Misc. Applied Statistics

Superforecasting: the Art and Science of Prediction — Phillip Tetlock

An engaging read for statheads and trivia fanatics. Tetlock draws from his experience as the head of the Good Judgment Project (a lengthy study on forecasting) to break down what exactly makes a great forecaster able to see the future better than the rest of us. The key findings are based in psychology and methods of improvement through self-evaluation.

Moneyball — Michael Lewis

The story of how Billy Beane’s Oakland A’s are able to build successful teams in one of baseball’s smallest markets. Lewis’ walk through the logic of sabermetrics and sorting signal from noise in baseball data was eye opening as a stats geek and sports fan alike.


The Hard Thing About Hard Things — Ben Horowitz

Advice from a VC and former CEO about how to get through the low points as a leader. A master class on how to lead when things are not going well.

How Google Works — Eric Schmidt and Jonathan Rosenberg

A manual on how to build and scale an organization where innovation comes natural, told by two of the leaders responsible for doing this at Google.

Zero to One — Peter Thiel

Peter Thiel’s thoughts on how to start a startup. This book is filled with wisdom on market positioning, culture, and overcoming the challenges of early-stage entrepreneurship.

The Dhando Investor — Mohnish Pabrai

Simple, easy to follow value investing principles from a hedge fund manager.

Work Rules! — Laszlo Bock

How to fuel an organization through better human resources practices. Hiring, recruiting, and general people operations advice from Google’s SVP of People Ops.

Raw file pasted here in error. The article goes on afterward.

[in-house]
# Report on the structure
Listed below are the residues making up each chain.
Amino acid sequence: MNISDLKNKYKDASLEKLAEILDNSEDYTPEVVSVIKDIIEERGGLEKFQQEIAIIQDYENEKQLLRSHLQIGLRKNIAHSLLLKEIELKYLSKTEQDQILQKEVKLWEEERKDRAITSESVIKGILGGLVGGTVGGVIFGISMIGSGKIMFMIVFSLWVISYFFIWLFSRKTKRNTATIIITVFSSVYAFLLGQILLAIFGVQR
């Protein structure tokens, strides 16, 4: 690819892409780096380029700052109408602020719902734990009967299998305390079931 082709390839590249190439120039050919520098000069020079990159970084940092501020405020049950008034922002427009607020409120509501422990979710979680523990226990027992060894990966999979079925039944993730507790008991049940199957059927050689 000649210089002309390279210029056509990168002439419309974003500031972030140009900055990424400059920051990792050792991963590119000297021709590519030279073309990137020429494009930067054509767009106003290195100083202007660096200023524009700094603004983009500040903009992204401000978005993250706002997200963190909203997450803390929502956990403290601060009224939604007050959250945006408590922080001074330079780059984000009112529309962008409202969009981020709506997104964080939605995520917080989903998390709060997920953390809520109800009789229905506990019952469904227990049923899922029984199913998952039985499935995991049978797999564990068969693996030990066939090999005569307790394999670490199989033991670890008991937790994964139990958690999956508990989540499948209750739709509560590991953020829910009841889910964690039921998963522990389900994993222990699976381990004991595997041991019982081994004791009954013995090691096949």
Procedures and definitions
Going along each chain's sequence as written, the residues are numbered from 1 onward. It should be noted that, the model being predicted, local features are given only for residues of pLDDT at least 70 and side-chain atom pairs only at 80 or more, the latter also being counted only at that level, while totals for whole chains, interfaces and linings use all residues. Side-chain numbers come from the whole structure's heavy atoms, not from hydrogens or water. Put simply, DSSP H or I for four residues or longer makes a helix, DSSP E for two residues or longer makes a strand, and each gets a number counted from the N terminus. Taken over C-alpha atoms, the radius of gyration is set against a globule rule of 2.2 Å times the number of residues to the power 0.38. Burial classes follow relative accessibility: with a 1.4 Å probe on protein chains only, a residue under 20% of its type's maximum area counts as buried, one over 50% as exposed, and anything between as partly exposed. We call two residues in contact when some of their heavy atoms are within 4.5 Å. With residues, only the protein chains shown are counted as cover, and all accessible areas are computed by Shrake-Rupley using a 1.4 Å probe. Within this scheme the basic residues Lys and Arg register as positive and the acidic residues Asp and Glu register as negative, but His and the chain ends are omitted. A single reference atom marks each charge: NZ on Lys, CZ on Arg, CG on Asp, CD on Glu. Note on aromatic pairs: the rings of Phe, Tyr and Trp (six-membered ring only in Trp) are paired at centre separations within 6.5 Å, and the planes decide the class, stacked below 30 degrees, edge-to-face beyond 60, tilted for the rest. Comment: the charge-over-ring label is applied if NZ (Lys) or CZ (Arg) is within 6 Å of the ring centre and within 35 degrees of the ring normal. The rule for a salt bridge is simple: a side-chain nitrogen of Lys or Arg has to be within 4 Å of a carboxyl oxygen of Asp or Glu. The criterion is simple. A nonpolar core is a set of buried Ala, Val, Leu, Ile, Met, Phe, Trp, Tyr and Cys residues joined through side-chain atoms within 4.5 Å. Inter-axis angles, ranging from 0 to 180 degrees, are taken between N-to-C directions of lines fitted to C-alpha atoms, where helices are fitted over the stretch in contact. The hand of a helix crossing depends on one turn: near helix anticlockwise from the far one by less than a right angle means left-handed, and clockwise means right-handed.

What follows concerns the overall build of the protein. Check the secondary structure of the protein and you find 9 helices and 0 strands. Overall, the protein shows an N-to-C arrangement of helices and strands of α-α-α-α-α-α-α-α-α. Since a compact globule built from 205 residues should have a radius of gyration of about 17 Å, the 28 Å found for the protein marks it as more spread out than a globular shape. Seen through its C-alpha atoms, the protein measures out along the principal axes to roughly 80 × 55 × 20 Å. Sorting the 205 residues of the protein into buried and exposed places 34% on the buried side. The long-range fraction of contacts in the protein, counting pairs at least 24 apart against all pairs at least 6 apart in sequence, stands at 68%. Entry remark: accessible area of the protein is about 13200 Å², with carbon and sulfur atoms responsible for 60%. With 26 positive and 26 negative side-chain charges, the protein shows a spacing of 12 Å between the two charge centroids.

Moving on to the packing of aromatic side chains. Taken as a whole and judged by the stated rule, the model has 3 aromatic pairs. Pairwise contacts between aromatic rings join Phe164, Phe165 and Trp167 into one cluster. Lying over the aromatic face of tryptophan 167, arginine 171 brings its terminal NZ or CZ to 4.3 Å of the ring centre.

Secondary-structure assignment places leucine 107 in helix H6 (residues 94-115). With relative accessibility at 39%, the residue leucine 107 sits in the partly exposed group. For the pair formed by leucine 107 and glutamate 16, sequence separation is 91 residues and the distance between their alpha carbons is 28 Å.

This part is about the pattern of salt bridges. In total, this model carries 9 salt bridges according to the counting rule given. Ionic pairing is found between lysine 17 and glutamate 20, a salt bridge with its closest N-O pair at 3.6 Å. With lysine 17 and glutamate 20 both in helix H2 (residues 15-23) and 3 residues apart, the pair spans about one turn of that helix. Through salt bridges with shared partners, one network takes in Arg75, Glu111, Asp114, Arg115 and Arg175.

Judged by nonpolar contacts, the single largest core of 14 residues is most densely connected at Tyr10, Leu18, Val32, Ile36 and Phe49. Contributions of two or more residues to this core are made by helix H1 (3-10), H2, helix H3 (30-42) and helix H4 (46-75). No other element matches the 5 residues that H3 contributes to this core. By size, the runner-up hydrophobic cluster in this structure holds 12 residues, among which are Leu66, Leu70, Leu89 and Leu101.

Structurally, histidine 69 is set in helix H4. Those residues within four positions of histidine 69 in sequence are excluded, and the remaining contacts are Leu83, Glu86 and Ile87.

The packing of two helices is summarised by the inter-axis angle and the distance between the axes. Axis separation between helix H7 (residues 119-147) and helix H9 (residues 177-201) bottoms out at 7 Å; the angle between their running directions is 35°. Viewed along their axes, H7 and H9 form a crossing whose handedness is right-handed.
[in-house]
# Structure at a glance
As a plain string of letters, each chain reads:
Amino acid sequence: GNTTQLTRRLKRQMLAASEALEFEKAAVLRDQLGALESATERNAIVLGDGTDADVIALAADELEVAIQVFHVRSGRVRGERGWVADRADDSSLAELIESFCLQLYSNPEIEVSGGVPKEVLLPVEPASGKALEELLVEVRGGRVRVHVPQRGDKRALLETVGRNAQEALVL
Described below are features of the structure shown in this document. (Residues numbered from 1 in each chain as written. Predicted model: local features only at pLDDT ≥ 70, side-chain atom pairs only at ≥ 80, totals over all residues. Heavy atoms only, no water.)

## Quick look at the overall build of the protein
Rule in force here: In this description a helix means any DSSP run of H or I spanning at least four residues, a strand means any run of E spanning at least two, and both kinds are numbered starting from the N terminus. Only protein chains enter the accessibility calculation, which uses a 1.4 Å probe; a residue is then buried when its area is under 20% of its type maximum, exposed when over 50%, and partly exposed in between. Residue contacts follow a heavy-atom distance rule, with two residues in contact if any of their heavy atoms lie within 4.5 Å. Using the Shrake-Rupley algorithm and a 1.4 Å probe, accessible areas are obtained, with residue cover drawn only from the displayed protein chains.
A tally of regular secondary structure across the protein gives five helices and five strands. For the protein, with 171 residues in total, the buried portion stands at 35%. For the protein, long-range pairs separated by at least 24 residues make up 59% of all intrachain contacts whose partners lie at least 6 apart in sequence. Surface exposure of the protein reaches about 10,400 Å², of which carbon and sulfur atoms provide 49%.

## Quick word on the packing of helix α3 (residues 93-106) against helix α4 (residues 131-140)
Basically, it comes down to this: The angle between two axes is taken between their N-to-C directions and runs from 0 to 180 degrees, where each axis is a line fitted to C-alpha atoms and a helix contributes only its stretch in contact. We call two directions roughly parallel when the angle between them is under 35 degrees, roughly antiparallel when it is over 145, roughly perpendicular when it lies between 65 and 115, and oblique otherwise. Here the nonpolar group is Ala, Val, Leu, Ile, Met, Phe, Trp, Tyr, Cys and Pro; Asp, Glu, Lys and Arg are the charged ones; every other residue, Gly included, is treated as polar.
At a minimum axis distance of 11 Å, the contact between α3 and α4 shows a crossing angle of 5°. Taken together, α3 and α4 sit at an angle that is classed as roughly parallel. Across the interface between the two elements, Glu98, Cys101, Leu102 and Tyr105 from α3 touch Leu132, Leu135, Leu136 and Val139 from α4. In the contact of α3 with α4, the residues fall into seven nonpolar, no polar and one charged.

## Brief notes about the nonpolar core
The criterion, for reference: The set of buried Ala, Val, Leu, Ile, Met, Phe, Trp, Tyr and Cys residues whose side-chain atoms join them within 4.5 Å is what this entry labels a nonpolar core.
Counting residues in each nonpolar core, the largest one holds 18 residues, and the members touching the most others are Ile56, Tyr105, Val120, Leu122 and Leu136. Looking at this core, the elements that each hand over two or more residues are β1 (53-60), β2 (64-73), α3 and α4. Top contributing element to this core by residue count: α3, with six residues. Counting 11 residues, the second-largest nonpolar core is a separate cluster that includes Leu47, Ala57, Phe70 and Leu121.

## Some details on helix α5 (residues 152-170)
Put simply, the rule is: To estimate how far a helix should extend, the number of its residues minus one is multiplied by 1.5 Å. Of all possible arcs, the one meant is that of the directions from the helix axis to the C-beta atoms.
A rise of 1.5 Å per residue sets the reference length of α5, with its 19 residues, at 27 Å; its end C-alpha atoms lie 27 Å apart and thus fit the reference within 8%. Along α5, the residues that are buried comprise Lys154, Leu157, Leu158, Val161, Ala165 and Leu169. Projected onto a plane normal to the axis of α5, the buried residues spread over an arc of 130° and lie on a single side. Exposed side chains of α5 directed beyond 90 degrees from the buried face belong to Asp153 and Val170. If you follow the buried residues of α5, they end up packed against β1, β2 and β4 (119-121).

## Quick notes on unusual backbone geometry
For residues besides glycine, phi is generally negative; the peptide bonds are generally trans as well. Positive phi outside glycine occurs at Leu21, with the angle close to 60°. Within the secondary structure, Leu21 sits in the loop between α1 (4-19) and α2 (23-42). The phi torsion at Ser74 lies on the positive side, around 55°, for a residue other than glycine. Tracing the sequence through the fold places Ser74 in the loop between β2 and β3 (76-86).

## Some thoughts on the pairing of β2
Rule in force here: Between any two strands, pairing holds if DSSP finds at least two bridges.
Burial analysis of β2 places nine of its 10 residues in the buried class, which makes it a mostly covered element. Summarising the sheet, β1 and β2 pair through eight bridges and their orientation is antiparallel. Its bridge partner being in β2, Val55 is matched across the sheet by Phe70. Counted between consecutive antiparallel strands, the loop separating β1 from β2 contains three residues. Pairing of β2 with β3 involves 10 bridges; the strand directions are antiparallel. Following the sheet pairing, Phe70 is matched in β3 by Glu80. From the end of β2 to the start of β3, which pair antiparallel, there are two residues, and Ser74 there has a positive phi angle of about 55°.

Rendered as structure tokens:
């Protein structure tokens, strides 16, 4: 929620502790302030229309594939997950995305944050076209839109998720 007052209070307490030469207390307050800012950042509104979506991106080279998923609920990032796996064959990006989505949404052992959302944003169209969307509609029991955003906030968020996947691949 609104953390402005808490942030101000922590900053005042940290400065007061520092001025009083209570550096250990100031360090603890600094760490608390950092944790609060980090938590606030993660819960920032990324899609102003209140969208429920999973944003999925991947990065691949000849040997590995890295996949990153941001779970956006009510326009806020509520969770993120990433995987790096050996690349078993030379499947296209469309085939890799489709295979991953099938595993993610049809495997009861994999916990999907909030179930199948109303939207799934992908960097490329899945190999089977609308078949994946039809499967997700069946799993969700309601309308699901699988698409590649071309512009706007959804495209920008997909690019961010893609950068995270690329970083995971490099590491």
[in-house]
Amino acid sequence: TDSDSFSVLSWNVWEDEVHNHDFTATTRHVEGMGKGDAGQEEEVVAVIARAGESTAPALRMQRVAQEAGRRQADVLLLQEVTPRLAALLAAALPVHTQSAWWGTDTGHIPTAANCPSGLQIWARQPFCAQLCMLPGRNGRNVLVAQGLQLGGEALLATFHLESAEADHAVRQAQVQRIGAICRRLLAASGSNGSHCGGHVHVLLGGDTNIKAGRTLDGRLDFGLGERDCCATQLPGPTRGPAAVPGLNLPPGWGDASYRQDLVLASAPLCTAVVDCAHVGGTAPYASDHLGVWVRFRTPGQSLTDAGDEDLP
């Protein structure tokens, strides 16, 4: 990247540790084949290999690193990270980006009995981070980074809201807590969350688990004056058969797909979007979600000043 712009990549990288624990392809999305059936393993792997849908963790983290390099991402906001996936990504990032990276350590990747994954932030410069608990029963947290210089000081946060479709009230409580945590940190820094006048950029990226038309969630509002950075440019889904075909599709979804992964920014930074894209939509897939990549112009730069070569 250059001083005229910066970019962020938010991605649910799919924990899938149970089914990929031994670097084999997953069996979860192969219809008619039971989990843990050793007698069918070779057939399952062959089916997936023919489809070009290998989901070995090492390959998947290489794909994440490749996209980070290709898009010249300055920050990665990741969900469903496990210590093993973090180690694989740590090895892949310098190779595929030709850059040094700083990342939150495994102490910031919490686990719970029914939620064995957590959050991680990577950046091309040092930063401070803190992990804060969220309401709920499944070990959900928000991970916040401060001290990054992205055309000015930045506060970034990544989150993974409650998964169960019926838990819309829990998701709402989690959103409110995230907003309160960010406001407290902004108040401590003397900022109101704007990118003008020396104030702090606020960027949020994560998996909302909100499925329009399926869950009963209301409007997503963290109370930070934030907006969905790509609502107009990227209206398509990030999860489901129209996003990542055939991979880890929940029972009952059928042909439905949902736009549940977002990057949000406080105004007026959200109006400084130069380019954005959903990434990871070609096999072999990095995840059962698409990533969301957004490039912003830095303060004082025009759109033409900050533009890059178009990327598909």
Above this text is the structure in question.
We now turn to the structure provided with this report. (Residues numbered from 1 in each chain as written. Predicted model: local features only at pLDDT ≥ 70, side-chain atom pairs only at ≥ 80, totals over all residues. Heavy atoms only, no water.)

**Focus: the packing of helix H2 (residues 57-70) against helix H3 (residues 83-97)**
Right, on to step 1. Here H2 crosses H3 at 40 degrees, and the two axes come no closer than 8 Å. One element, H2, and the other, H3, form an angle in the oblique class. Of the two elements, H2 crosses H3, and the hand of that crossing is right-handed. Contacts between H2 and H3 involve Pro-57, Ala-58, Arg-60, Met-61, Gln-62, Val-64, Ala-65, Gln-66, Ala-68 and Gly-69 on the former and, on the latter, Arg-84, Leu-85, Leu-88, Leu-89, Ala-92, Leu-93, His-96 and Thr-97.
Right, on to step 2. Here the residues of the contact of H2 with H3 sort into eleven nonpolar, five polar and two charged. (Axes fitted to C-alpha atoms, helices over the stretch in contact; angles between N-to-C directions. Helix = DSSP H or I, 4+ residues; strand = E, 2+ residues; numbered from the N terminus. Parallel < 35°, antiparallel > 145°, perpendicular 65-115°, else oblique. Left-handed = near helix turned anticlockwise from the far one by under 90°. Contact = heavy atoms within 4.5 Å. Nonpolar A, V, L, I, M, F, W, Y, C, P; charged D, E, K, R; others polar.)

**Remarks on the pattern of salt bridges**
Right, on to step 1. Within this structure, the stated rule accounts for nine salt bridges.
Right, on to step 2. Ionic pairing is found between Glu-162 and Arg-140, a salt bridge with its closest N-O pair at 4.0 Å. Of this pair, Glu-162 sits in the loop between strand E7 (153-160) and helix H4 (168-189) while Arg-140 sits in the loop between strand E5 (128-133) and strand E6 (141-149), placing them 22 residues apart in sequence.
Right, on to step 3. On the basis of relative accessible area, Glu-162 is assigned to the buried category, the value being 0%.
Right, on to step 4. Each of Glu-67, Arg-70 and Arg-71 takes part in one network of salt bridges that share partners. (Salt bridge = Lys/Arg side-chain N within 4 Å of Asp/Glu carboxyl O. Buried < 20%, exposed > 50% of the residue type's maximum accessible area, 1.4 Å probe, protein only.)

The Little Book that Beats the Market — Joel Greenblatt

More value investing, this time greatly simplified. One of the most useful reads for an investor who is not a finance pro.


Lolita — Vladimir Nabokov

Nabokov has a beautiful writing style, making the book hard to put down. It begins with what is in my opinion one of the greatest (and creepiest, in context) opening paragraphs in all of literature:

“Lolita, light of my life, fire of my loins. My sin, my soul. Lo-lee-ta: the tip of the tongue taking a trip of three steps down the palate to tap, at three, on the teeth. Lo. Lee. Ta. She was Lo, plain Lo, in the morning, standing four feet ten in one sock. She was Lola in slacks. She was Dolly at school. She was Dolores on the dotted line. But in my arms she was always Lolita.”

1984 — George Orwell

One of my all time favorites.

A Portrait of the Artist as a Young Man — James Joyce

“Old father, old artificer, stand me now and ever in good stead.”

To the Lighthouse — Virginia Woolf

Another of my favorites on the literature side of things. Woolf’s style is fluid and poetic, bringing the epic into the world of thought and everyday life.


Building a Content-Based Recommender System for Books: Using Natural Language Processing to Understand Literary Preference

Literature is a tricky area for data science. Think of your five favorite books. What do they have in common? Some may share an author or genre, but besides that, it is probably hard for you to think of what traits they share. My team and I set out to explore the mysterious components of an individual’s literary taste profile, and in the process built a content-based recommender system for books. This post is a brief overview of the system, the features it uses, and how it was built.